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Keep The Faith December 16, 2006

Posted by rattazzimedia in Christianity, Church, God, Religion, Spiritual, Spiritual Overview, Spiritual Study, Spirituality, Theology.
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I just finished watching Tavis Smiley on PBS.  He generally ends his show with this phrase: “and as always, keep the faith”.  My reaction to his invocation is mixed and perhaps it should not be.  Or to put it another way, why would I react with anything but comfort at some entertainment figure making sure he ends every show with a declaration of faith?  The reaction I want to have is: Bravo Tavis for putting it out there.  But since I do not know the man personally, I do not know what he means by, “keep the faith”.  My first assumption is that he is paraphrasing the  words of the apostle Paul.  Paul, late in his life, wrote in his second letter to Timothy:

For I am already being poured out like a drink offering, and the time has come for my departure.  I have fought the good fight, I have finished the race, I have kept the faith.  Now there is in store for me the crown of righteousness, which the Lord, the righteous Judge, will award to me on that day — and not only to me, but also to all who have longed for his appearing.

Paul’s personal statement of triumph in the face of a great deal of adversity was based on his confidence in the promises of God and his success in staying true to God’s instruction.  Today, almost two thousand years later, while many claim to be keepers of the faith the reality is that the kind of adherence to The Faith that Paul is talking about is really quite rare.  So the cause of my mixed reaction to Mr. Smiley’s invocation has nothing to do with him personally but has to do with the condition we find “the faith” in today.  The apostle Paul was indeed a staunch defender of The Faith.  Despite the fact that he always used figures and elements from the contemporary and local culture he was addressing to illustrate his points, he was always careful not to let various heartfelt issues and prejudices of society corrupt the pure and perfect reasoning from God.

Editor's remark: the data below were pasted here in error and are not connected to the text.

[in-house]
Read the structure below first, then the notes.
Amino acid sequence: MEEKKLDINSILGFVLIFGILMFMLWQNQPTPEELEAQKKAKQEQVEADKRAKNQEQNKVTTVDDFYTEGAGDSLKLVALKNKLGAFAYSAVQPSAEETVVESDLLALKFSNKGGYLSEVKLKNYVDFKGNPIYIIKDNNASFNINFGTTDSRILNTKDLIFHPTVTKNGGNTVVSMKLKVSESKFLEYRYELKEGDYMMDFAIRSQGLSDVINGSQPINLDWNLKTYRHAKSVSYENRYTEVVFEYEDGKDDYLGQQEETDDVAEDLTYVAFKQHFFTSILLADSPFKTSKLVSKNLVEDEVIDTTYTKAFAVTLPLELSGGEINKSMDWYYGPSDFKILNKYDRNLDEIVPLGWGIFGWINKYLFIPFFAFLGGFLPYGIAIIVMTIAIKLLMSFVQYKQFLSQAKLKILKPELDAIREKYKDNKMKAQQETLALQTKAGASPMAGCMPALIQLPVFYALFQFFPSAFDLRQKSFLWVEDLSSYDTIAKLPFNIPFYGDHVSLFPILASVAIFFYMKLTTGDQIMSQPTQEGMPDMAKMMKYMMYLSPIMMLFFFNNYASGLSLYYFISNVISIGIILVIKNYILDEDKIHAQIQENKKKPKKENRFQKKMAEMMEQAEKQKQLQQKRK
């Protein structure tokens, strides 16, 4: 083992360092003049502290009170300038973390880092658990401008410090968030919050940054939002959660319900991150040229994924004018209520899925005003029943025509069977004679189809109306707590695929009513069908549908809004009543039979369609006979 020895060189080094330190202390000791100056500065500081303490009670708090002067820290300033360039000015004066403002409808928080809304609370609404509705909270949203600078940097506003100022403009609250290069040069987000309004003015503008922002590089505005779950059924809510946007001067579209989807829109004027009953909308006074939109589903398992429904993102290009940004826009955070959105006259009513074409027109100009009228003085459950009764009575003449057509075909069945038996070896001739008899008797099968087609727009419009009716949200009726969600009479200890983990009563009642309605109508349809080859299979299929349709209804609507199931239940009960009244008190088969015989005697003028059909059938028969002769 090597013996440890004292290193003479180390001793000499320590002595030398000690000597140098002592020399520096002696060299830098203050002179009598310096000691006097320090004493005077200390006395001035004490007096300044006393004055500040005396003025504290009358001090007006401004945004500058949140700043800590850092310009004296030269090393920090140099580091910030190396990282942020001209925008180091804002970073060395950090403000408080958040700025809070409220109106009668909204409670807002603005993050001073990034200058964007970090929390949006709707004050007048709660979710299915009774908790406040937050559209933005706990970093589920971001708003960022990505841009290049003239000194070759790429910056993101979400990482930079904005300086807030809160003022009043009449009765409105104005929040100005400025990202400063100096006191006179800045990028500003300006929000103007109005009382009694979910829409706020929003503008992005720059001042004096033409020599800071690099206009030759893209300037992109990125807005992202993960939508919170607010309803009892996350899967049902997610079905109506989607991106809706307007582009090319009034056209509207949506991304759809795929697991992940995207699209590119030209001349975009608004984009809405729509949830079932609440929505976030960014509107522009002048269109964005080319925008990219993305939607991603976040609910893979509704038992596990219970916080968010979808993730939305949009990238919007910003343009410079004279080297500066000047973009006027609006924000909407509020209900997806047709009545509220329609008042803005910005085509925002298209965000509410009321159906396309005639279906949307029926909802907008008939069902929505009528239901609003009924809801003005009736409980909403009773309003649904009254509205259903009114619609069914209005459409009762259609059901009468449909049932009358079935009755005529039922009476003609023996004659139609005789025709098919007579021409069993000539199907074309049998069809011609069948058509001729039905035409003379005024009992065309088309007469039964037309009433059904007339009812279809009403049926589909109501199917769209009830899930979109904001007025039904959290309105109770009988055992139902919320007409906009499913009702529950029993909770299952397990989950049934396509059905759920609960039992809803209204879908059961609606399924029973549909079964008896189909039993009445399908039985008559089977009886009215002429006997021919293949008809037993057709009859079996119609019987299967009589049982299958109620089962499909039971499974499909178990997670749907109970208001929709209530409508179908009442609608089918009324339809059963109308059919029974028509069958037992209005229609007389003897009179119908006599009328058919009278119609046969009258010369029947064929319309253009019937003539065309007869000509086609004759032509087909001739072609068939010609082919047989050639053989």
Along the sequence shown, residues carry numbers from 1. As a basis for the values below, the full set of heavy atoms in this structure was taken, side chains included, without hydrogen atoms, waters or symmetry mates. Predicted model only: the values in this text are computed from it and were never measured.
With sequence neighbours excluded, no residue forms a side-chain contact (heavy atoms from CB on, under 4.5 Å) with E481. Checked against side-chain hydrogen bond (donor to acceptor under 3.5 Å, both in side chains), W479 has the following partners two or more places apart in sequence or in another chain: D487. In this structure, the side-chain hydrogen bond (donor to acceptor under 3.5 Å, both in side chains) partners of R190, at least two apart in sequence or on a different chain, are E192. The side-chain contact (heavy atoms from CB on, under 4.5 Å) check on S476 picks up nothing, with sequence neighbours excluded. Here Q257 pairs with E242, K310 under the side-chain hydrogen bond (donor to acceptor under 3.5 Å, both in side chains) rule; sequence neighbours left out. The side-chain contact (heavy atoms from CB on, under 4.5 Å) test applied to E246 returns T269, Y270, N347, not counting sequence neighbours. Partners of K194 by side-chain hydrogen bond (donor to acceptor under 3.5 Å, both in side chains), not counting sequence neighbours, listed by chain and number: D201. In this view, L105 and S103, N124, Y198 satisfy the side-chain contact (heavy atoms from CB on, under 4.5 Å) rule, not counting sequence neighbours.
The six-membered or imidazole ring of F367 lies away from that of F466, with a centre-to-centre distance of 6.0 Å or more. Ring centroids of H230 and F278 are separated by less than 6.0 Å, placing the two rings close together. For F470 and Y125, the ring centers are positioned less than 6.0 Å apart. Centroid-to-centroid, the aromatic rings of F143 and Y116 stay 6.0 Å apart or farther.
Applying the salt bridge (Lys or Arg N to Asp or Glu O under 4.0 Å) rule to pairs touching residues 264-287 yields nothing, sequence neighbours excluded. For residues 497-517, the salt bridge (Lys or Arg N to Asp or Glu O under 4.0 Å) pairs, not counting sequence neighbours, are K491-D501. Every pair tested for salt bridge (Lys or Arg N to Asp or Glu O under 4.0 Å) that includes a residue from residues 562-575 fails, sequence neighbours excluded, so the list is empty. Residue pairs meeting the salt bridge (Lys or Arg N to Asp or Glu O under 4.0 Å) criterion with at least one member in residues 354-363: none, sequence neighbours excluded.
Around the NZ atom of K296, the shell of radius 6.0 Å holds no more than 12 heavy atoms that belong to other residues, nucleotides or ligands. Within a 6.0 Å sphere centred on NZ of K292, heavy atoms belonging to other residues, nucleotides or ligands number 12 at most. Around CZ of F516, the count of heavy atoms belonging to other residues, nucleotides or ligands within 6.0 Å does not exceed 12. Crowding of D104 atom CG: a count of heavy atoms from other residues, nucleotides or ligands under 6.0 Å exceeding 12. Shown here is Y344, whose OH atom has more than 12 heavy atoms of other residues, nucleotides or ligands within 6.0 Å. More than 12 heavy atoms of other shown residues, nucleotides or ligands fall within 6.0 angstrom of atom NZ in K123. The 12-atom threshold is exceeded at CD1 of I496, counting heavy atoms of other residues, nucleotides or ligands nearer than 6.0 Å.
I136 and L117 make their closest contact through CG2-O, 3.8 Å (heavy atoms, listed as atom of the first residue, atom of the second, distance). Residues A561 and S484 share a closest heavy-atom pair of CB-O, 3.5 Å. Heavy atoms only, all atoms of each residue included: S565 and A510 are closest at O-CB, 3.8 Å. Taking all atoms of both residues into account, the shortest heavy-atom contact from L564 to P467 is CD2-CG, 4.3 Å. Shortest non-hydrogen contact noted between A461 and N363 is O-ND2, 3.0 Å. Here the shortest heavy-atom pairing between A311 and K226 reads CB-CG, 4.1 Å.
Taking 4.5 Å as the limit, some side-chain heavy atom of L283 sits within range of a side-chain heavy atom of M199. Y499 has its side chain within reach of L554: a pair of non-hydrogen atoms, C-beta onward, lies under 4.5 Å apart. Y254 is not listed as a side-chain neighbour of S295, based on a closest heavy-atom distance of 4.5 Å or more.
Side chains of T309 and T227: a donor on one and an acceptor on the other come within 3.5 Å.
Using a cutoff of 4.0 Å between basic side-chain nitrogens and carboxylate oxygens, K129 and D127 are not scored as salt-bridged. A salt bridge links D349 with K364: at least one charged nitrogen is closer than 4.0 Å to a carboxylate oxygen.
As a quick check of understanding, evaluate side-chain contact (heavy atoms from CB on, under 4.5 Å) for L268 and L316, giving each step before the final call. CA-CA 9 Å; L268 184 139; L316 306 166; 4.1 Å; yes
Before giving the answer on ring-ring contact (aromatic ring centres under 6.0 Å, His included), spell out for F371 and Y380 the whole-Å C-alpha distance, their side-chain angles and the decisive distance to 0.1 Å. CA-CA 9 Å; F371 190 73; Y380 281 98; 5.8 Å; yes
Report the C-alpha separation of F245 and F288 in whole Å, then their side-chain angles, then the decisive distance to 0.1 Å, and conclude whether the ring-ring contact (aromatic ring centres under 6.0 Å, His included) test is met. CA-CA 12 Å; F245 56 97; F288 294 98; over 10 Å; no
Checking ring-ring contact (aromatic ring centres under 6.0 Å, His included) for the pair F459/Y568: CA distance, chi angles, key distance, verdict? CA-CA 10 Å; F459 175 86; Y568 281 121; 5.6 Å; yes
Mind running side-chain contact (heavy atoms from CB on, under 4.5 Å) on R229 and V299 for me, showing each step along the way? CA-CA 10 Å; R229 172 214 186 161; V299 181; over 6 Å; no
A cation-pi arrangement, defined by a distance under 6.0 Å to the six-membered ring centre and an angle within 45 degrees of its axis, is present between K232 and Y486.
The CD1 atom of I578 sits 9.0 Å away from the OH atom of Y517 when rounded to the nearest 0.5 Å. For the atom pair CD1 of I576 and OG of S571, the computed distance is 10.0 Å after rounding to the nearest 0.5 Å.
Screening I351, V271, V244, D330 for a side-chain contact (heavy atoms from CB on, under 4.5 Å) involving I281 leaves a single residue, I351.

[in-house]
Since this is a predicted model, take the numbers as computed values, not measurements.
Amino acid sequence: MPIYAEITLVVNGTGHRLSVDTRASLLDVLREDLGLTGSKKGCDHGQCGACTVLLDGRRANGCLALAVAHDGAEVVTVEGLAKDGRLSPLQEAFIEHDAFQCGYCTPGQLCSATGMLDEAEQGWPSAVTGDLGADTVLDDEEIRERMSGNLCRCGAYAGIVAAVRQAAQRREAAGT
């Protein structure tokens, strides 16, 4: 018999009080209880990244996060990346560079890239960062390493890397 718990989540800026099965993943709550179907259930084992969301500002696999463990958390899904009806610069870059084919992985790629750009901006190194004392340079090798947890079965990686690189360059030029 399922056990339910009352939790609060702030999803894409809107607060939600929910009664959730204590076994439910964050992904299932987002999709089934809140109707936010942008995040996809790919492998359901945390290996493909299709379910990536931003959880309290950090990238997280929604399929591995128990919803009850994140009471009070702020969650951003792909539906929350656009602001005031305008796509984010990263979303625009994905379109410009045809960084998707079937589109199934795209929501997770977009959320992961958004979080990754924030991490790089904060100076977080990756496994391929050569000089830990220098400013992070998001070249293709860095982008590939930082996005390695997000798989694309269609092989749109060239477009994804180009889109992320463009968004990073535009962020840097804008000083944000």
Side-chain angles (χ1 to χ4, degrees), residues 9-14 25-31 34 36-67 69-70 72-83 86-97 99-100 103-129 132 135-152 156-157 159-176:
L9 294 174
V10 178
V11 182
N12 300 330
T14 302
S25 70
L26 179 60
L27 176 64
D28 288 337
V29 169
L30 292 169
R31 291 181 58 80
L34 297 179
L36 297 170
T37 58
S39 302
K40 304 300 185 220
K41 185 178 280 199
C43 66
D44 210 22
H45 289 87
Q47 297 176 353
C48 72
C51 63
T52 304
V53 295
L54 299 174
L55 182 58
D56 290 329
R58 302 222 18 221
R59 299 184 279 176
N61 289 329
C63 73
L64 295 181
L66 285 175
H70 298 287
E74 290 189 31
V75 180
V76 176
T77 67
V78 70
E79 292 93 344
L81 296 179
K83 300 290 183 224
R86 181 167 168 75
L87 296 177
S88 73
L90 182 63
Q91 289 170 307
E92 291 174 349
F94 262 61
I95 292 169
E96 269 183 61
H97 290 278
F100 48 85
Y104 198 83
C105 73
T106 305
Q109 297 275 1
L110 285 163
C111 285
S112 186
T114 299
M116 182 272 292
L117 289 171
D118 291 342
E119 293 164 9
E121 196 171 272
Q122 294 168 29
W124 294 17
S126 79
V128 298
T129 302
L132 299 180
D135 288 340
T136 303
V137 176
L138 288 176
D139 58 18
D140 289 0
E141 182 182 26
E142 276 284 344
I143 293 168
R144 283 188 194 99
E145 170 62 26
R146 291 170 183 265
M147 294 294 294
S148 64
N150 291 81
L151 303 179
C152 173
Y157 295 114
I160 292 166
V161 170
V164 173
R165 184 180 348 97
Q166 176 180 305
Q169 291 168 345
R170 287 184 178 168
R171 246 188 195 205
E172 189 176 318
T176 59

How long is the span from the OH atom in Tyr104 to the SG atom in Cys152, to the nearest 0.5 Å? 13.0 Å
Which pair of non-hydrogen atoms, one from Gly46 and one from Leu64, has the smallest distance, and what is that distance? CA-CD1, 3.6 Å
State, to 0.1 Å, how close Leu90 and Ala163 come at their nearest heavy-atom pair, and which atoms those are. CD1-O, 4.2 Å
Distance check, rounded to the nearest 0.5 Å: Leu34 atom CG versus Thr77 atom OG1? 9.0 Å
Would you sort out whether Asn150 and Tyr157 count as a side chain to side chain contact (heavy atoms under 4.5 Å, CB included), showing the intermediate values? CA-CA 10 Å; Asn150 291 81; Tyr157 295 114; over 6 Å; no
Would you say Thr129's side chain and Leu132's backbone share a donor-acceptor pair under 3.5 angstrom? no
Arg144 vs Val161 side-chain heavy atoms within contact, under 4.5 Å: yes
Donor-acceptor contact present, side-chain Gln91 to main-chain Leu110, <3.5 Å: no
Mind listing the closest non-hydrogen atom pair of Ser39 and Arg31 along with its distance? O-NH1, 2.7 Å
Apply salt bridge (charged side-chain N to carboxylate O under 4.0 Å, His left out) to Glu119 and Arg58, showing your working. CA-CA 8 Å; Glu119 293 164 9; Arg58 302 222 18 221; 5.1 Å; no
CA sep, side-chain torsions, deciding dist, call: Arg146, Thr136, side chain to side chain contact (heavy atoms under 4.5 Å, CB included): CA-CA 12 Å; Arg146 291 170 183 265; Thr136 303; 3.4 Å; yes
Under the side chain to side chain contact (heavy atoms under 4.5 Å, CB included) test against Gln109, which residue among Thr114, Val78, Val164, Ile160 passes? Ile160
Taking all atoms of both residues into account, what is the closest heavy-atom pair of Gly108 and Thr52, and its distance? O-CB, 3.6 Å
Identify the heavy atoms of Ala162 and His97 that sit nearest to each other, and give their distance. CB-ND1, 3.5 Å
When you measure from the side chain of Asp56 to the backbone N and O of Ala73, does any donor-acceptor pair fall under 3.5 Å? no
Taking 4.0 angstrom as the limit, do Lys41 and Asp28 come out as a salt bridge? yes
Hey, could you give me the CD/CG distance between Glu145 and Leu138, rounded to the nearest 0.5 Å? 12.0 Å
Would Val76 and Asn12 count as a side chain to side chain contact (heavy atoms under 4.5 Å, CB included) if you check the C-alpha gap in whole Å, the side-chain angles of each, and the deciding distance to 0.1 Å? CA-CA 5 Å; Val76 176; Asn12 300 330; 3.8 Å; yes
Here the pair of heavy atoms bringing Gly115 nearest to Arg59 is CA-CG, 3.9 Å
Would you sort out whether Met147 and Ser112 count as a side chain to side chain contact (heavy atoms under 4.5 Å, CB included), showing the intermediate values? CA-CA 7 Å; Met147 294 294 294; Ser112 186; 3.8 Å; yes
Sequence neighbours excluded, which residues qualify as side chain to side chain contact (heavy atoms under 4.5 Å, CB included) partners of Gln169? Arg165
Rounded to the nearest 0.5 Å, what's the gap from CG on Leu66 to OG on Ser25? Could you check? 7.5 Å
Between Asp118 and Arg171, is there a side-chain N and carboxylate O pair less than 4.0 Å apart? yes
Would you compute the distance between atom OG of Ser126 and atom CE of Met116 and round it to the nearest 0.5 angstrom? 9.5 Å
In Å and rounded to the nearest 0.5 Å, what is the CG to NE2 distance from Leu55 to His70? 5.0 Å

There is such a temptation by well meaning people to add to God’s instruction in order to make it apply to a specific situation.  Or a preacher may be so concerned about warning his listeners away from a harmful contemporary danger that he gives the impression that God has spoken on a subject when he is really expressing his personal opinion.  Even if his personal opinion is very much informed by a knowledge of the scriptures his personal opinion is still just that.  As a result many go around thinking and claiming that the Bible has spoken on a certain issue when it has not.  Even if one can show that the Bible speaks out against elements that sometimes are included in the danger being warned against.  The teacher must continue to be clear about what the Bible specifically says.  The teacher must resist the temptation of labeling his body of inferences as the word of God.